Our delicious vegan Halloween dinner of stuffed intestines, ghosts and bloody sauce was followed by a filthy dessert of mud, dirt, and worms. I scooped out the mud into bowls, someone sprinkled it with dirt, and the worms were passed around. Guests had to extract the worms from their casings before consuming them.
The mud was a vegan chocolate ice cream recipe from my book, The New Scoop: Recipes for Diary-Free, Vegan Ice Cream in Unusual Flavors (Plus Some Old Favorites.) In this case, the flavor wasn’t unusual at all, but it was creamy and delicious nevertheless.
Dirt was a baked crumbly topping, similar to what you’d put on top of a crumb pie. (Recipe below)
The worms were grape juice gelled with agar agar, or kanten, a seaweed powder (with no flavor.) We had to squeeze the straws to kind of push the worms out. That was a little bit challenging, a little messy, and a lot of fun. Kids would love this!
Vegan Halloween Dessert Recipe: Dirt Topping
4 TBS cocoa powder
1/3 cup brown sugar
2 TBS sugar
1/4 teaspoon salt
1/3 cup cornmeal–added to make it gritty. You can substitute more flour.
2/3 cup whole wheat flour
1/4 cup canola oil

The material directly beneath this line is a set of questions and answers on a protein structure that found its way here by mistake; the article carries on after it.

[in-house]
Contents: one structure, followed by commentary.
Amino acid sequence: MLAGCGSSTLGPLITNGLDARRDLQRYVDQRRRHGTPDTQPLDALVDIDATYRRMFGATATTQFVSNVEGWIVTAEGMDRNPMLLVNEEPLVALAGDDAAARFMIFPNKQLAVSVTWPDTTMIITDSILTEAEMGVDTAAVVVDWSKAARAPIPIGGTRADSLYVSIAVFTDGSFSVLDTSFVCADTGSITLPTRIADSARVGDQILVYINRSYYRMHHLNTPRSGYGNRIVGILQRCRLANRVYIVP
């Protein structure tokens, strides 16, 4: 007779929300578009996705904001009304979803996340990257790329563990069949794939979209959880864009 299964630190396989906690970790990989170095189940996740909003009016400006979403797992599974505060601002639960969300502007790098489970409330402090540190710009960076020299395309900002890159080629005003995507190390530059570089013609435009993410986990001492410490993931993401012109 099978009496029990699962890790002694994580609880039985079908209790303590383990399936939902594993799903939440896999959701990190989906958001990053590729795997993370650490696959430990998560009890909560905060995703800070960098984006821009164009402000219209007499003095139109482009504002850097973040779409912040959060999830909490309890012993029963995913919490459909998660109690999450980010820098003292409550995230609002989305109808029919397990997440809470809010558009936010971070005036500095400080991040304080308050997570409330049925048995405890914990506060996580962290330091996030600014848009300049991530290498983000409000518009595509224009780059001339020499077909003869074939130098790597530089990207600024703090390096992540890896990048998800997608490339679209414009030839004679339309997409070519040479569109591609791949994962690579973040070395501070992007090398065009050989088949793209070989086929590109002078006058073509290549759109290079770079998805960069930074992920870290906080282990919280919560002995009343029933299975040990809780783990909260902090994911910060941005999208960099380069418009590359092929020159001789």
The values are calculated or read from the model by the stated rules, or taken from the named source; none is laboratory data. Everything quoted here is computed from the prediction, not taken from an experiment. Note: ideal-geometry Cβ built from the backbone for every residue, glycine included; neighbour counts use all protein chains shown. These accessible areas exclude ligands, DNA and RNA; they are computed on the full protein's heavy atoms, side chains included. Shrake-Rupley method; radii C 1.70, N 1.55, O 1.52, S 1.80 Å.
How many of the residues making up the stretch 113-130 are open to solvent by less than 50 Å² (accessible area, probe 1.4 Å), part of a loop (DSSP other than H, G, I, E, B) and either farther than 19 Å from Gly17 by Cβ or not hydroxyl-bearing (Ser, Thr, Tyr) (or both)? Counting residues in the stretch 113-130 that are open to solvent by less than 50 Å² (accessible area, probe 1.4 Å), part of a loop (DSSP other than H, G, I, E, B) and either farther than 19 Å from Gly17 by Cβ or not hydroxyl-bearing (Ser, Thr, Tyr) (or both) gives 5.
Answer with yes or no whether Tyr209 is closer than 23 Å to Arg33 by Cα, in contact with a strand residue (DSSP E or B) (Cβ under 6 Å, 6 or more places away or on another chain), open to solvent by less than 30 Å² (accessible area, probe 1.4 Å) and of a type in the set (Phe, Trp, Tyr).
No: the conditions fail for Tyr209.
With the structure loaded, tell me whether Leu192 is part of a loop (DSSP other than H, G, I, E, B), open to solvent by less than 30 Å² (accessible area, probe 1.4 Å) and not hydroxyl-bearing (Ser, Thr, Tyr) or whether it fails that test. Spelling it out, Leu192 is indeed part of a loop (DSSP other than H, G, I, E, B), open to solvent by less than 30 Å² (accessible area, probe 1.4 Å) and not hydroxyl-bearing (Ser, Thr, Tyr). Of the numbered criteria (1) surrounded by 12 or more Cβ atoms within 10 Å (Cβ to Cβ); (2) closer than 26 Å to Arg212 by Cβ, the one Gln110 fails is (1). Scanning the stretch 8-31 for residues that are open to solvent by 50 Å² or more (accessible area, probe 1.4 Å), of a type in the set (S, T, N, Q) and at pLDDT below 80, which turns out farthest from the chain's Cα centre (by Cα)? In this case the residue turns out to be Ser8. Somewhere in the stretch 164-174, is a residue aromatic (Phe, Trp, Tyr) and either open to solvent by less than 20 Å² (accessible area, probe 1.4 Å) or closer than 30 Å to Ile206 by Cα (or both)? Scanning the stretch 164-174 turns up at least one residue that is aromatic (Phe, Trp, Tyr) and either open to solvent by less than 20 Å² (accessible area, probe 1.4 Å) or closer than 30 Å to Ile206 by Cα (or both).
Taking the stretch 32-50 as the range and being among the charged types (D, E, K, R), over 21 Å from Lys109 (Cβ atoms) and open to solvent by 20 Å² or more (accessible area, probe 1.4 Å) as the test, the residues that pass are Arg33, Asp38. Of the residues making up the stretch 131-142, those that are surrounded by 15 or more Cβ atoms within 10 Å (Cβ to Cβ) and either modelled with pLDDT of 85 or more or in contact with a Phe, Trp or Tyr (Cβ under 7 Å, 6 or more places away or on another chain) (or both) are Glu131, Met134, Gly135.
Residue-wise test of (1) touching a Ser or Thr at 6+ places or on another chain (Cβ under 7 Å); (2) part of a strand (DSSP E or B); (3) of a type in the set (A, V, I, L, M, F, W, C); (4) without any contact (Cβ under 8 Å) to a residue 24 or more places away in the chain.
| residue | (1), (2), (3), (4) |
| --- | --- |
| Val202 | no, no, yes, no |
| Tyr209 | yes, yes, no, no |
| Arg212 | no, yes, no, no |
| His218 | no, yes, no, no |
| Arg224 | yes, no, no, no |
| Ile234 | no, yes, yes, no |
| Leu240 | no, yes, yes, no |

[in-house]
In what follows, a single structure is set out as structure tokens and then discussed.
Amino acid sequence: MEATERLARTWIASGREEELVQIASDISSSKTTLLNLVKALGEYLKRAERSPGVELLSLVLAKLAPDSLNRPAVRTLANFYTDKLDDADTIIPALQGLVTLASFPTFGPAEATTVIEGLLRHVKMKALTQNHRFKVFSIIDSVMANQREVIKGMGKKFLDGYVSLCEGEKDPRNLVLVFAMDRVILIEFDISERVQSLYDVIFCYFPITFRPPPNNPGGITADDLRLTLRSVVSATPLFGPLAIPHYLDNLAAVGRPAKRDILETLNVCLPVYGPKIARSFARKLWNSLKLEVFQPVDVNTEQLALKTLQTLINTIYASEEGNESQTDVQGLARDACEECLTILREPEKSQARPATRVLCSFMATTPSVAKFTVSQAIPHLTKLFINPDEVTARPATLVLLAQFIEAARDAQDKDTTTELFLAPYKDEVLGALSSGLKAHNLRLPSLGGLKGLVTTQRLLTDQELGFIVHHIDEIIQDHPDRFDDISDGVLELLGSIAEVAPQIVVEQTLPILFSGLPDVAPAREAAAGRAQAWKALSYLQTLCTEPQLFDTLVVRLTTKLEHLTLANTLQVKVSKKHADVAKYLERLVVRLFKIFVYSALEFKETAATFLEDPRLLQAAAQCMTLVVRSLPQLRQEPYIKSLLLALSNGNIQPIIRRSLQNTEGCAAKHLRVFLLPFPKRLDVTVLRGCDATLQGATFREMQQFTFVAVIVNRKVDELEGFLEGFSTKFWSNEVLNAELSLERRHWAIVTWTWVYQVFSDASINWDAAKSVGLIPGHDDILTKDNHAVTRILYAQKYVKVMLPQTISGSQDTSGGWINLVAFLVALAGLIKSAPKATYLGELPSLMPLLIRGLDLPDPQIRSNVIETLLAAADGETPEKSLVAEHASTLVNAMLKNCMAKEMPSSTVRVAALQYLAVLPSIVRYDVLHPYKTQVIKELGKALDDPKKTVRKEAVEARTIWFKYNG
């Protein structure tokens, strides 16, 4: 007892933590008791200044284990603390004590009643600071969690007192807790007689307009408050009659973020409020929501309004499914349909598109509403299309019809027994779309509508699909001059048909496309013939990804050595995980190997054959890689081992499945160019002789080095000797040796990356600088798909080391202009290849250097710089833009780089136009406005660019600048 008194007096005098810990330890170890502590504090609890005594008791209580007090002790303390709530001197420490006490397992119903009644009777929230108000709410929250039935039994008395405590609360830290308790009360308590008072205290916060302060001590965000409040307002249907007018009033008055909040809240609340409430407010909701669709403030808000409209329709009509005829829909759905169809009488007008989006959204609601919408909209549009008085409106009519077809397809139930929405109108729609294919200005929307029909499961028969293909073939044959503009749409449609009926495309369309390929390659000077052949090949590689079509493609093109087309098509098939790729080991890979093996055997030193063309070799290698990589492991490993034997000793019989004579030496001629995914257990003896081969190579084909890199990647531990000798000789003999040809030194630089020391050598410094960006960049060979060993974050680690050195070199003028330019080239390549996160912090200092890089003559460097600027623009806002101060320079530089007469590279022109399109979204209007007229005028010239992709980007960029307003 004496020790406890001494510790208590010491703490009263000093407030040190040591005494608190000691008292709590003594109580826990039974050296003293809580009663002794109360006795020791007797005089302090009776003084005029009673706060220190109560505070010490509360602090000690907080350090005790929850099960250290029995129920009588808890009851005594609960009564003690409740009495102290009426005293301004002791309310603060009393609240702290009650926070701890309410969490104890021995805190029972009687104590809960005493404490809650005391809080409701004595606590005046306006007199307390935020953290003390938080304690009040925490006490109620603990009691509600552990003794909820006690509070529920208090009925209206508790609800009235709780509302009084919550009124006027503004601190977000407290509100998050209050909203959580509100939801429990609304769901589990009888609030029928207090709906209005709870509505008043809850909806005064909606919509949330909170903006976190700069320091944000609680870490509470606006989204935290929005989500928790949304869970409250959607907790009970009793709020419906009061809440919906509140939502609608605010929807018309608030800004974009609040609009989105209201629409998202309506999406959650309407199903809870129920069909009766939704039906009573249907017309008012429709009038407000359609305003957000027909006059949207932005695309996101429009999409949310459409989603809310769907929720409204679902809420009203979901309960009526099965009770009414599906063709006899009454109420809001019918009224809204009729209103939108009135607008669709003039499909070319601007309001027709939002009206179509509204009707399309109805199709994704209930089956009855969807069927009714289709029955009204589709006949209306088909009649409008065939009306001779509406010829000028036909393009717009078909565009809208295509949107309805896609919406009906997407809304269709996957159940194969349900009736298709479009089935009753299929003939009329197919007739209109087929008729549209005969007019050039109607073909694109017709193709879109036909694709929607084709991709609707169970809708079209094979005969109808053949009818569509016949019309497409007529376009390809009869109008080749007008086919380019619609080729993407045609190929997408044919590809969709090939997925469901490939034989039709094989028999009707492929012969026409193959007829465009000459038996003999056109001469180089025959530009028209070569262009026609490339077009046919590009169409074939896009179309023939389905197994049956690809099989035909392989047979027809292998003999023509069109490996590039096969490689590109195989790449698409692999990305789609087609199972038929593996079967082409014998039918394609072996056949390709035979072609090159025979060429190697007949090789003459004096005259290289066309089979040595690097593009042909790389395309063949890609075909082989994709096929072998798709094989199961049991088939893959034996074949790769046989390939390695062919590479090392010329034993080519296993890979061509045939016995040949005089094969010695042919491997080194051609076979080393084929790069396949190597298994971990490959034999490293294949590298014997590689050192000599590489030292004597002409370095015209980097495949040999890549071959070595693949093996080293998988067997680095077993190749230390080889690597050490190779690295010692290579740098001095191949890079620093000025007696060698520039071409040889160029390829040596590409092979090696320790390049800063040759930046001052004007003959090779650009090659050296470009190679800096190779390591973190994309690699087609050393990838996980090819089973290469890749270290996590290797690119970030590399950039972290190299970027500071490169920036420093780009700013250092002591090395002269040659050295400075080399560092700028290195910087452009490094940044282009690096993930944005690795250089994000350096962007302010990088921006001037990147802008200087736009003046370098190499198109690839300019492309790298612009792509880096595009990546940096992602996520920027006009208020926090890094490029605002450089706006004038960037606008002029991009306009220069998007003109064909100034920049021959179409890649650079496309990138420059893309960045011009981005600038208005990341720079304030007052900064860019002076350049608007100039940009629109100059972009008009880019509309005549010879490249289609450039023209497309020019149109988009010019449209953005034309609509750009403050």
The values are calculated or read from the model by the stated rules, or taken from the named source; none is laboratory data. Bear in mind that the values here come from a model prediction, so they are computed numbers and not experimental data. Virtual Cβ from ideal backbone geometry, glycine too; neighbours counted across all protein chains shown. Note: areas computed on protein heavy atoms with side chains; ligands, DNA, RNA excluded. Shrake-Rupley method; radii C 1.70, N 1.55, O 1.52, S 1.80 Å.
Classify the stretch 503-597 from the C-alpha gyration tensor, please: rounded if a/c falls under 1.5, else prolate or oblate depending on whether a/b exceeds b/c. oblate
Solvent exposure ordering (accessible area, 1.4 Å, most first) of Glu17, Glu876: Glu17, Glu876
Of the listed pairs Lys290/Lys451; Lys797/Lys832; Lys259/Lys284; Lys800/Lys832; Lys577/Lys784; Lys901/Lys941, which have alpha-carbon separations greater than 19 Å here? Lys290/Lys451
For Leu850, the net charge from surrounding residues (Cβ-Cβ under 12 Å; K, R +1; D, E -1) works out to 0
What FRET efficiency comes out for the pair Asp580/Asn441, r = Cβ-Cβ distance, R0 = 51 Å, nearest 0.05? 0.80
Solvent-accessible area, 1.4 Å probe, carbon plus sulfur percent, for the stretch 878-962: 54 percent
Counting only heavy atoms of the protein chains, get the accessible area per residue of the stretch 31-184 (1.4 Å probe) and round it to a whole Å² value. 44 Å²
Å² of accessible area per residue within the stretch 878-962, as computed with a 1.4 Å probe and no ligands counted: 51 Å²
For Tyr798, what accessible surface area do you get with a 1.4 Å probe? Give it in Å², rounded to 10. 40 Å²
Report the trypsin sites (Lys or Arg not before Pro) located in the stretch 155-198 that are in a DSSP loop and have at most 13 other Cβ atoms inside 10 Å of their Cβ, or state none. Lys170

2 TBS water
Mix together dry ingredients. Add oil and water. Mix well, until you get crumbly lumps.
Spread them out evenly on a cookie sheet.
Bake at 350 degrees F for 15 to 20 minutes. Stir once during the cooking. Watch carefully so it doesn’t burn. (It’s dark brown, so it’s a bit hard to see.)
The mixture was very gritty, quite hard (I’d take it out a few minutes earlier next time) and delicious. And it really looked like dirt, as the photo above will attest.
Vegan Halloween Dessert Recipe: Worms
1 teaspoon agar agar or kanten powder
1 cup grape juice
Prepare your straws. Cut drinking straws in half and put them into a narrow glass taller than the straws. I used 12 straws.
Heat the agar and grape juice in a pan until steaming, stirring to dissolve all the agar.
Pour over the straws in the glass. The liquid will fill the straws and glass.
Set aside to firm up and place in the refrigerator as it gets cooler.
To serve, pry the straws out of the jelled juice in the glass. Pinch each straw in the middle and squeeze toward the ends, to get the worms out. It helps if you cover the top end of the straw with a finger as you squeeze.
The worms were a little on the soft side and fell apart fairly easily. You might want to try using 1-1/2 teaspoons agar powder if you try this, although it worked all right with just 1 teaspoon.